The threat that terror outfit Al-Qaeda based out of Afghanistan poses to US national security is a critical factor in the Joe Biden administration deciding whether to withdraw American troops from the war-torn country by May 1.
The American military and security experts are backing for a withdrawal only after neutralising the threat from Al-Qaeda and Islamic State Khorasan Province and ensuring that the Afghan Taliban respects a permanent and effective post-withdrawal peace agreement.
Ever since Joe Biden became the US President, he has been under mounting pressure to decide the Afghan question, more so from the Taliban, which, short of attacking American or Afghan security forces, has been scaling up its violent activities while determining its future ties with other terror groups based out of Afghanistan.
The US have been continuing their counter-terrorism campaign in this part of the world since 2001 and billions of dollars have been spent in military and civilian aid and equipment later. It appears to be in no mood to depart from the Asian region without ensuring two things: One, a finality to the terror question. Two, creating a situation for long-lasting peace even if the Taliban have to be part of the process.
That is precisely the reason why the Biden administration has systematically worked for the execution of the basic principles of the Doha Agreement between the US and the Taliban in terms of securing guarantees from the latter. They haven’t been forthcoming to the satisfaction of the US as on date.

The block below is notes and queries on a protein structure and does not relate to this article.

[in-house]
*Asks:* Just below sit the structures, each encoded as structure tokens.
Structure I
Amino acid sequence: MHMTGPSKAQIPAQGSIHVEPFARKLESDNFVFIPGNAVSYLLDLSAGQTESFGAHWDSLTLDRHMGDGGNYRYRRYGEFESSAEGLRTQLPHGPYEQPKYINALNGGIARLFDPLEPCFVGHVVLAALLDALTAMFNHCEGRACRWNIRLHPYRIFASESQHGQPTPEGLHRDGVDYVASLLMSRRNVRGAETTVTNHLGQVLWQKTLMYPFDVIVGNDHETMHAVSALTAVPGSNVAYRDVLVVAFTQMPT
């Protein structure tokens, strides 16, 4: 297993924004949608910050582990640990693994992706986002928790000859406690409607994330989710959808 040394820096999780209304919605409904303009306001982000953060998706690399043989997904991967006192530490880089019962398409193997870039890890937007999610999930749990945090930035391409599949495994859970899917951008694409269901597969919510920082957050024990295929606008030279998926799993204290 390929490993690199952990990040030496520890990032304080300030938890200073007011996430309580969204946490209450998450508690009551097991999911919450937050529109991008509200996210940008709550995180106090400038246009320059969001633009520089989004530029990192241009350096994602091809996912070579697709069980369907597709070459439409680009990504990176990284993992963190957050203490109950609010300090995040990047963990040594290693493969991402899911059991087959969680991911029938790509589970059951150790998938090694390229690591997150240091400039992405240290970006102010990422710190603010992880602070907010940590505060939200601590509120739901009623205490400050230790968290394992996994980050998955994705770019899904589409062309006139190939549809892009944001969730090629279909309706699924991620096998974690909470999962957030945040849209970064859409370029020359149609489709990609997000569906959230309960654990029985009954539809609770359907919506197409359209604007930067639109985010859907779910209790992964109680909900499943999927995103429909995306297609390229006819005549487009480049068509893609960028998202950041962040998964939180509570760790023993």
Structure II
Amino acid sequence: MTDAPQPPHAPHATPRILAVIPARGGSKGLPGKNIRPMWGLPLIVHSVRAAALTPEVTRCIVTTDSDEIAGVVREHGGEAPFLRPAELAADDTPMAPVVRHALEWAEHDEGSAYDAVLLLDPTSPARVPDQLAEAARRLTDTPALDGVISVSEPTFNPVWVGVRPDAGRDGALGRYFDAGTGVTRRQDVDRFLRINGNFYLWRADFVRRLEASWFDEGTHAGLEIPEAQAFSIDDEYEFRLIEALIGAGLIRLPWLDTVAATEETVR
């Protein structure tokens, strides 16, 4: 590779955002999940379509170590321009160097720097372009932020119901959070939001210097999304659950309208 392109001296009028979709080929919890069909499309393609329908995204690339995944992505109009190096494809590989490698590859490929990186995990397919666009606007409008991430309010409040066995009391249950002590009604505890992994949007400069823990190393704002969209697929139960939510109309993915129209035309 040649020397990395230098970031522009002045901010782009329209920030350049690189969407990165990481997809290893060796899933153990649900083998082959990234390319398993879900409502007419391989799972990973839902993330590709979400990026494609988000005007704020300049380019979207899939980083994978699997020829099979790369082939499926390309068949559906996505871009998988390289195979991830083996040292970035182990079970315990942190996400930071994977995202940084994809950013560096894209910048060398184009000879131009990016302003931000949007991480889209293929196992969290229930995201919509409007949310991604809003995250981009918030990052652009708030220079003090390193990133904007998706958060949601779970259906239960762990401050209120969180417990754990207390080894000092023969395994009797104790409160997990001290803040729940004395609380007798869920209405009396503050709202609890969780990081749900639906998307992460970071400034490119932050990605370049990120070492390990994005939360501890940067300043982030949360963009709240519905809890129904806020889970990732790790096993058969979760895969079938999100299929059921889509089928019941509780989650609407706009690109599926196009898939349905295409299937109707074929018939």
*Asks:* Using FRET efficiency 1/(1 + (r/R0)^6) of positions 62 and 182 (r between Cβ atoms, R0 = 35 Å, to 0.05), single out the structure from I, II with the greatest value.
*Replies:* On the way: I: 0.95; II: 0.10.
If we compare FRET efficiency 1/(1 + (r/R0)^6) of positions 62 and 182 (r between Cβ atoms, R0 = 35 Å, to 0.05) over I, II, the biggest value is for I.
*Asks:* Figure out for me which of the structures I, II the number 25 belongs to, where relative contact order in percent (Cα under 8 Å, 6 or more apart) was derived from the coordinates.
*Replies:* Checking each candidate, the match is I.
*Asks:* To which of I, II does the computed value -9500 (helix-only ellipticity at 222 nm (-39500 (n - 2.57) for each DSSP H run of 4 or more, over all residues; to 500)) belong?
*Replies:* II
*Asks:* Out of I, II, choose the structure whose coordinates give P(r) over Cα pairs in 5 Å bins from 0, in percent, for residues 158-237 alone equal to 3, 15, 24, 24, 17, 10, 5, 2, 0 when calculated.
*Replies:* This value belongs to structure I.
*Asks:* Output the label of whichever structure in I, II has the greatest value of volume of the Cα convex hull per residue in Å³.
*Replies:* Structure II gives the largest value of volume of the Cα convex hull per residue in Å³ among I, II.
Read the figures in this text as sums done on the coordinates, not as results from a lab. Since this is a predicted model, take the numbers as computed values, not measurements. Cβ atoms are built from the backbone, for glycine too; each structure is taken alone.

President Biden has to decide in the next few days if he will seek a time-bound extension of the May 1 deadline. The time for withdrawing the remaining 2,500 troops along with tonnes of military equipment is already lost and is impossible to achieve in just a fortnight.
The US President’s support group has already begun sounding notes suggesting that extending the deadline is the best thing to happen to all sides in Afghanistan. The President, who has said that he is reviewing his Afghan policy, is clear about one thing: The United States would not be found exiting Afghanistan without a closure on terror.
News agencies have quoted James Stavidis, a retired Navy admiral and former NATO commander, as saying: “…The most prudent course of action feels like a six-month extension and an attempt to get the Taliban truly meeting their promises – essentially permitting a legitimate conditions-based withdrawal in the fall.”
Afghanistan Study Group (ASG), a bipartisan American experts’ group, in its February 2021 final report recommended “an immediate diplomatic effort to extend the current May 2021 withdrawal date in order to give the peace process sufficient time to produce an acceptable result”.
A perusal of such reports dating back to 2001 underscore the point that the US has been consistent in insisting that the minimum guarantee it wants to ensure in Afghanistan is the erosion of the terror threat from all outfits, particularly the Al-Qaeda.
The ASG report says: “The foremost interest is containing the activities of terrorist groups that remain active in Afghanistan and that could threaten the US homeland, principally Al-Qaeda and the Islamic State Khorasan Province (ISKP)….A complete withdrawal of our troops would allow the threat to re-emerge.”